Inflation soared to a 10-year high in October, reaching 4.2%, more than double the government’s 2% target.

This month’s inflation figures show that inflation rose to 4.2% using the CPI rate (the consumer prices index, which the government uses as its official measure of inflation) in the year to October. If you use the retail prices index, or RPI, which includes housing costs, the rate is 6%.

Energy price rises helped drive the hike in inflation, along with rising petrol prices and steeper used car costs.

Becky O’Connor, head of pensions and savings at interactive investor, said: “For pensioners and others on limited incomes, this level of inflation is hard to cope with. Careful budgeting only gets you so far. Those already on the cheapest possible deals, the lowest tariffs and buying the cheapest food have very little wriggle room. There’s nowhere left to hide. You will always be spending something on food, energy and fuel if you drive and these are among the categories where prices are rising the fastest.”

What higher inflation means for you

Inflation is the steady and sustained increase in the prices of the goods and services we buy, so when it is high, this means our living costs are more expensive.

If the Bank of England raises interest rates sooner rather than later in a bid to curb inflation, it will benefit savers as it will mean a higher return on (some) savings accounts. At the moment it’s impossible for savers to stop the value of their savings from being eroded by inflation.

Sarah Coles, personal finance analyst at investment platform Hargreaves Lansdown said: “Inflation roared ahead in October, hitting its highest rate in a decade, and raising the risk that the Bank of England will step into the inflation fight and show its teeth. Savers may be spoiling for a fight that they hope will boost their rates, but waiting for the fur to fly before switching your savings is a risky move.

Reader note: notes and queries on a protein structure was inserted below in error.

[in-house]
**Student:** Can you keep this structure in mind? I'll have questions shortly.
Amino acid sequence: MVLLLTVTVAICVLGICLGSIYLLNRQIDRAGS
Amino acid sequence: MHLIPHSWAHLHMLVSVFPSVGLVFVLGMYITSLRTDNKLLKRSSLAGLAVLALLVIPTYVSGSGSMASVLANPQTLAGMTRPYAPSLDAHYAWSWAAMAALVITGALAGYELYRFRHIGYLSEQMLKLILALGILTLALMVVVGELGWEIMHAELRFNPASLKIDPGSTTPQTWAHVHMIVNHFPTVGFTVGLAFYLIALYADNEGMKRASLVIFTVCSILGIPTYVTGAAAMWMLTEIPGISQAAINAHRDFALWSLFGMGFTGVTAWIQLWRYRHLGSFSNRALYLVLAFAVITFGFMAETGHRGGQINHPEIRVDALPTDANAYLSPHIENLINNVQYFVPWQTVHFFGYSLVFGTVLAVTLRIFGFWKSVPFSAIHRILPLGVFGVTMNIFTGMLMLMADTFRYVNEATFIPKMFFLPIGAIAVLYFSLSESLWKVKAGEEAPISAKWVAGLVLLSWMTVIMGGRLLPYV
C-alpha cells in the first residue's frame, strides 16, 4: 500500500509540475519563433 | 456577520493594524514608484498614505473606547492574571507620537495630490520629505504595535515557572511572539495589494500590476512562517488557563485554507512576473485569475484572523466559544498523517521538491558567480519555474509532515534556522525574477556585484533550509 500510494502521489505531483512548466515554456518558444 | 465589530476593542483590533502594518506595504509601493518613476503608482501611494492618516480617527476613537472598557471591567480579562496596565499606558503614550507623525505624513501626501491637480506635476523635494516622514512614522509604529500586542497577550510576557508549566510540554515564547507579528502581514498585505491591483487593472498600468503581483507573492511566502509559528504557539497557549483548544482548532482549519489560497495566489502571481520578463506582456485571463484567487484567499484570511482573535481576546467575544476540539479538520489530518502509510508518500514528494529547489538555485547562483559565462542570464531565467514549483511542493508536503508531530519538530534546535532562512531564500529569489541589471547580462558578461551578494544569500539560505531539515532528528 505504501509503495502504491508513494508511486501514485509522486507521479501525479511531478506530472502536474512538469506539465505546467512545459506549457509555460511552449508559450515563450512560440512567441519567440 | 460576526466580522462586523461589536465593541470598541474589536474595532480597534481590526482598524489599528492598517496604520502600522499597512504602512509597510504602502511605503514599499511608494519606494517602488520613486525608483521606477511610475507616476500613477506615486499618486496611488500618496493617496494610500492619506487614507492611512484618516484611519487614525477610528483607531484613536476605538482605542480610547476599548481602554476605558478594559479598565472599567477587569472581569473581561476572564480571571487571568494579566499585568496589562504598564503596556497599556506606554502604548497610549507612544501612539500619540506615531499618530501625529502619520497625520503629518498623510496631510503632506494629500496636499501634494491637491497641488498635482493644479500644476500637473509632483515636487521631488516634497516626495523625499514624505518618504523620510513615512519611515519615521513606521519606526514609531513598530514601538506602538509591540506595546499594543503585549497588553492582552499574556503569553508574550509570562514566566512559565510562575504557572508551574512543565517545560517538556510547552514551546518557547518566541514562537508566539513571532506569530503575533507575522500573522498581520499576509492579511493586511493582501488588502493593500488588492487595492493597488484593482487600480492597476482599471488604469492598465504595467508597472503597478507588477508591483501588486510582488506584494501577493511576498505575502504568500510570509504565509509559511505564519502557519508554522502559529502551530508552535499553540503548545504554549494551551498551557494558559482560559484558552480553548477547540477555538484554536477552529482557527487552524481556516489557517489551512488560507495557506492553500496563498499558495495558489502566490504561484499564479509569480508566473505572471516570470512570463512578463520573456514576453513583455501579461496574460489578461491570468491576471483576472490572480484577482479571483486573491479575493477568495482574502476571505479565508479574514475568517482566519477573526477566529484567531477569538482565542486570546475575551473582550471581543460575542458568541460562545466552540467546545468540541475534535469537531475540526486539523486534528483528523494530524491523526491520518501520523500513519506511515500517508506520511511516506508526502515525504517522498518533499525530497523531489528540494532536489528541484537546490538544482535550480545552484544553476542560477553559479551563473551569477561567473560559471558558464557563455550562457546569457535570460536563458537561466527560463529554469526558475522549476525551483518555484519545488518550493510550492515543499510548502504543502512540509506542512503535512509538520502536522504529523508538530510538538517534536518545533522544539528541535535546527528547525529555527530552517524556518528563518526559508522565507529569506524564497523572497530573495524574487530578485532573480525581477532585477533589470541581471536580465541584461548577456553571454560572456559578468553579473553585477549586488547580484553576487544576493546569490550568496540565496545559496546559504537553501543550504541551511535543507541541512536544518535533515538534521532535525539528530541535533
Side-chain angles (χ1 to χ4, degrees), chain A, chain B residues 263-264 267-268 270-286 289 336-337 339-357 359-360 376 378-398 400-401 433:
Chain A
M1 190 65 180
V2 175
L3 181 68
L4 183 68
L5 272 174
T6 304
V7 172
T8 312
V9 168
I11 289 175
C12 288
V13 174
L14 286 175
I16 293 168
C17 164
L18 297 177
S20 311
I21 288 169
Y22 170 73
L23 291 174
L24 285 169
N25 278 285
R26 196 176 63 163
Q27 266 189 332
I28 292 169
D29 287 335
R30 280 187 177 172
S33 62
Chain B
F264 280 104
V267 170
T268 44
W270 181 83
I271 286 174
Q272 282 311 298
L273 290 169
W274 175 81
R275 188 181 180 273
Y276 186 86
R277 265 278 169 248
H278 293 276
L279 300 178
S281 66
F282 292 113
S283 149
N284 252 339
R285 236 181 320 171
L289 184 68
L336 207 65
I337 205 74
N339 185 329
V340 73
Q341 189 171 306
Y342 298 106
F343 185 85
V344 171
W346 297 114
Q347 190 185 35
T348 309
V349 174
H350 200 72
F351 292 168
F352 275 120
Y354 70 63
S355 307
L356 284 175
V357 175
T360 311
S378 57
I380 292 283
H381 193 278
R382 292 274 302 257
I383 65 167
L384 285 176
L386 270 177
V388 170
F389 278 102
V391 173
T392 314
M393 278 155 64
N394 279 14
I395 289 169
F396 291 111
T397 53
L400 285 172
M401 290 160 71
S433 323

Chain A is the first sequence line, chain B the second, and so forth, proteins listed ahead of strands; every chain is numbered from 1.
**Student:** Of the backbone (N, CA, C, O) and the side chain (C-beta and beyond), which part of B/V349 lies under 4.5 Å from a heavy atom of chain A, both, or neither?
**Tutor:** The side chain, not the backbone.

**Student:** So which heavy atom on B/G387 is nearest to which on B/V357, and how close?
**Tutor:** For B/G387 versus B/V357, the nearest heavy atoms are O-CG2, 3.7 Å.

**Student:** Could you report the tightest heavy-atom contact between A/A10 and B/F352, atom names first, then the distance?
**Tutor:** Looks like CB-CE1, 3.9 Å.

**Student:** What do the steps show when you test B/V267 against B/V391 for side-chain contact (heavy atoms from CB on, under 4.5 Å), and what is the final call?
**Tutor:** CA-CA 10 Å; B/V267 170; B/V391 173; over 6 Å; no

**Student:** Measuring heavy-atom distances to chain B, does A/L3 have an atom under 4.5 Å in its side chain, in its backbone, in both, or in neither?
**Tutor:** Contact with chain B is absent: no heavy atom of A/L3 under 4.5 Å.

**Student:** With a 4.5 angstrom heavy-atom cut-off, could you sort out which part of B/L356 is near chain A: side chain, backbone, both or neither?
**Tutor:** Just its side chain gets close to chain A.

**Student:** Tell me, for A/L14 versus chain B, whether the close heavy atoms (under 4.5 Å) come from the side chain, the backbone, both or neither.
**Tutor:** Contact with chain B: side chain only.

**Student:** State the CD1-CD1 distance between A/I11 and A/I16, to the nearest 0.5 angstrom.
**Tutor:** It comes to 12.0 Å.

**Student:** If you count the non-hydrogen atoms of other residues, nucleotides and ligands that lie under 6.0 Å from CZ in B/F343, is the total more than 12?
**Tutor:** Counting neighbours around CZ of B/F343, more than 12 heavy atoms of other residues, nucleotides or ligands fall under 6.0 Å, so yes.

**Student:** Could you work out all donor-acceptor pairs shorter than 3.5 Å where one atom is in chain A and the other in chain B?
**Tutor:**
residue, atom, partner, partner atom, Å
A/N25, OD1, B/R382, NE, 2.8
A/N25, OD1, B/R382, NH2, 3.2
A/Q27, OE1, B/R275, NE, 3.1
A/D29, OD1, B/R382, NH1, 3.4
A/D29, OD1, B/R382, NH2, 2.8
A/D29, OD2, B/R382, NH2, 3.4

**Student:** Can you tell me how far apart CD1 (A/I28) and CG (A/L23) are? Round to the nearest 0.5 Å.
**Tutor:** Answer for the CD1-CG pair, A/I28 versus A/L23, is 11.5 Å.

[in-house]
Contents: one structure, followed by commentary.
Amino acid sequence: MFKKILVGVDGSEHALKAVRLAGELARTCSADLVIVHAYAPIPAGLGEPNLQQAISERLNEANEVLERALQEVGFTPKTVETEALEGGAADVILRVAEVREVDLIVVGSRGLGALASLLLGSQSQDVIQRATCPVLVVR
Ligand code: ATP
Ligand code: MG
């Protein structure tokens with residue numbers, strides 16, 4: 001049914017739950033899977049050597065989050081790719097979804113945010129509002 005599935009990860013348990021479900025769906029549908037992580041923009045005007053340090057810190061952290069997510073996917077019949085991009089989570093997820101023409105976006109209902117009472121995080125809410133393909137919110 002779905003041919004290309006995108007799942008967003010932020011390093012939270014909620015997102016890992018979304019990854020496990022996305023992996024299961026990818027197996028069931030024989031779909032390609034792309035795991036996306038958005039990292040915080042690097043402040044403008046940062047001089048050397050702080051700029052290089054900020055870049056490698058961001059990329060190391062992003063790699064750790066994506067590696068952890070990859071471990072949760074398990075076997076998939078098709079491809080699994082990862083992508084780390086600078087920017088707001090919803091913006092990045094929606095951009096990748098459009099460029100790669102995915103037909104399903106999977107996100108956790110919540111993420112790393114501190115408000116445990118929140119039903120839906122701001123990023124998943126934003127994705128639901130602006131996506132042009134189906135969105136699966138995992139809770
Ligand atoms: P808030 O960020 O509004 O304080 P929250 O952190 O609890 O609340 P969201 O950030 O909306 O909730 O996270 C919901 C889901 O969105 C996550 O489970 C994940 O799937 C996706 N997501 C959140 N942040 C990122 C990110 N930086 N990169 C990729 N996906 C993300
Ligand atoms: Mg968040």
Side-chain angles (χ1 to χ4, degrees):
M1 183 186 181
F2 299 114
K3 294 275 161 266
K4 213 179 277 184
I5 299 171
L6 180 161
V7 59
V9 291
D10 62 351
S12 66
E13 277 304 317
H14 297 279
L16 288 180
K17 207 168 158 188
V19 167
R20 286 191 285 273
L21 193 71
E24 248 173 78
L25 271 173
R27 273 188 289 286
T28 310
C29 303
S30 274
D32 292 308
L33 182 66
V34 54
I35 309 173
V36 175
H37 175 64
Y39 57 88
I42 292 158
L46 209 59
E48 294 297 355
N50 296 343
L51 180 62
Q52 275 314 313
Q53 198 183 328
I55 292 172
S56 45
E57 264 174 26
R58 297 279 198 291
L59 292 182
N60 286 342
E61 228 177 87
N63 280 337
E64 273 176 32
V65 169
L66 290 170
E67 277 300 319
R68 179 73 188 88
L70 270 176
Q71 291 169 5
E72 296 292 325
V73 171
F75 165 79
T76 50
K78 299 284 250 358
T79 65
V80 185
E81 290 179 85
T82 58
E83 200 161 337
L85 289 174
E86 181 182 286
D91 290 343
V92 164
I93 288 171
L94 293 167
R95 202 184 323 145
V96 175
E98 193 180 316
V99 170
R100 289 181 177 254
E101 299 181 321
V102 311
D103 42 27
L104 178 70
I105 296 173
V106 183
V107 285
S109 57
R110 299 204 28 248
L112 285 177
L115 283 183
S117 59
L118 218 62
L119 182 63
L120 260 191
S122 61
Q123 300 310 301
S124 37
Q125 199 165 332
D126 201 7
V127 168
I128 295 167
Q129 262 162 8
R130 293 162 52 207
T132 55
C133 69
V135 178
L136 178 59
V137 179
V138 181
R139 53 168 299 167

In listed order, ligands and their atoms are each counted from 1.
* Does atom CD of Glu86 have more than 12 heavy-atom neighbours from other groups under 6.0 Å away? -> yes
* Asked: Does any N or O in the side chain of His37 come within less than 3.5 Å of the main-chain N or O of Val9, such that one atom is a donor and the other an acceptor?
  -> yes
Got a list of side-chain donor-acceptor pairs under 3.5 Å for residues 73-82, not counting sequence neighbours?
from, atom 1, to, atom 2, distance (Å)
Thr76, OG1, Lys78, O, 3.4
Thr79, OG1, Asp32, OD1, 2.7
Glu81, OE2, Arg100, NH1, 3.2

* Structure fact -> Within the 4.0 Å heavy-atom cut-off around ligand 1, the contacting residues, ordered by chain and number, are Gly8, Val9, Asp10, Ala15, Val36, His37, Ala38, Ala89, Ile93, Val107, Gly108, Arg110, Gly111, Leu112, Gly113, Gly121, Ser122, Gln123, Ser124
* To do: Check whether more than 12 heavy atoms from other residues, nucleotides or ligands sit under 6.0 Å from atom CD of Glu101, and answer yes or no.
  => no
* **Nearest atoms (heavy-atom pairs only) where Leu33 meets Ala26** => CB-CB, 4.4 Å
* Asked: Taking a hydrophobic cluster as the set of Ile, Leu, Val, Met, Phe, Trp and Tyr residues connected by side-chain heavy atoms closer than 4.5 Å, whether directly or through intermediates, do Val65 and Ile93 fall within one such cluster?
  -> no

“After yesterday’s better-than-expected jobs figures, higher inflation will boost expectations of an interest rate rise even further. During the last meeting, the Monetary Policy Committee highlighted unemployment fears as a key reason for sitting on their hands, but yesterday’s jobs figures are likely to have helped ease those fears, with jobs up 160,000, the month after the furlough scheme closed. It may now be ready to unleash the power of a rate rise.”

A rate rise would be bad news for borrowers, however, as it would mean higher mortgage costs for those on variable or tracker deals. If you’re worried about the impact a rate increase could have on you, read our article What can you do to prepare for an interest rate rise?

You can learn more about inflation and the impact it has on your finances in our guide What does inflation mean for my money?

Are you worried about inflation? Have you noticed your living costs increase in recent months? If so, we’d be interested in hearing from you. You can join the money conversation on the Rest Less community forum, or leave a comment below.

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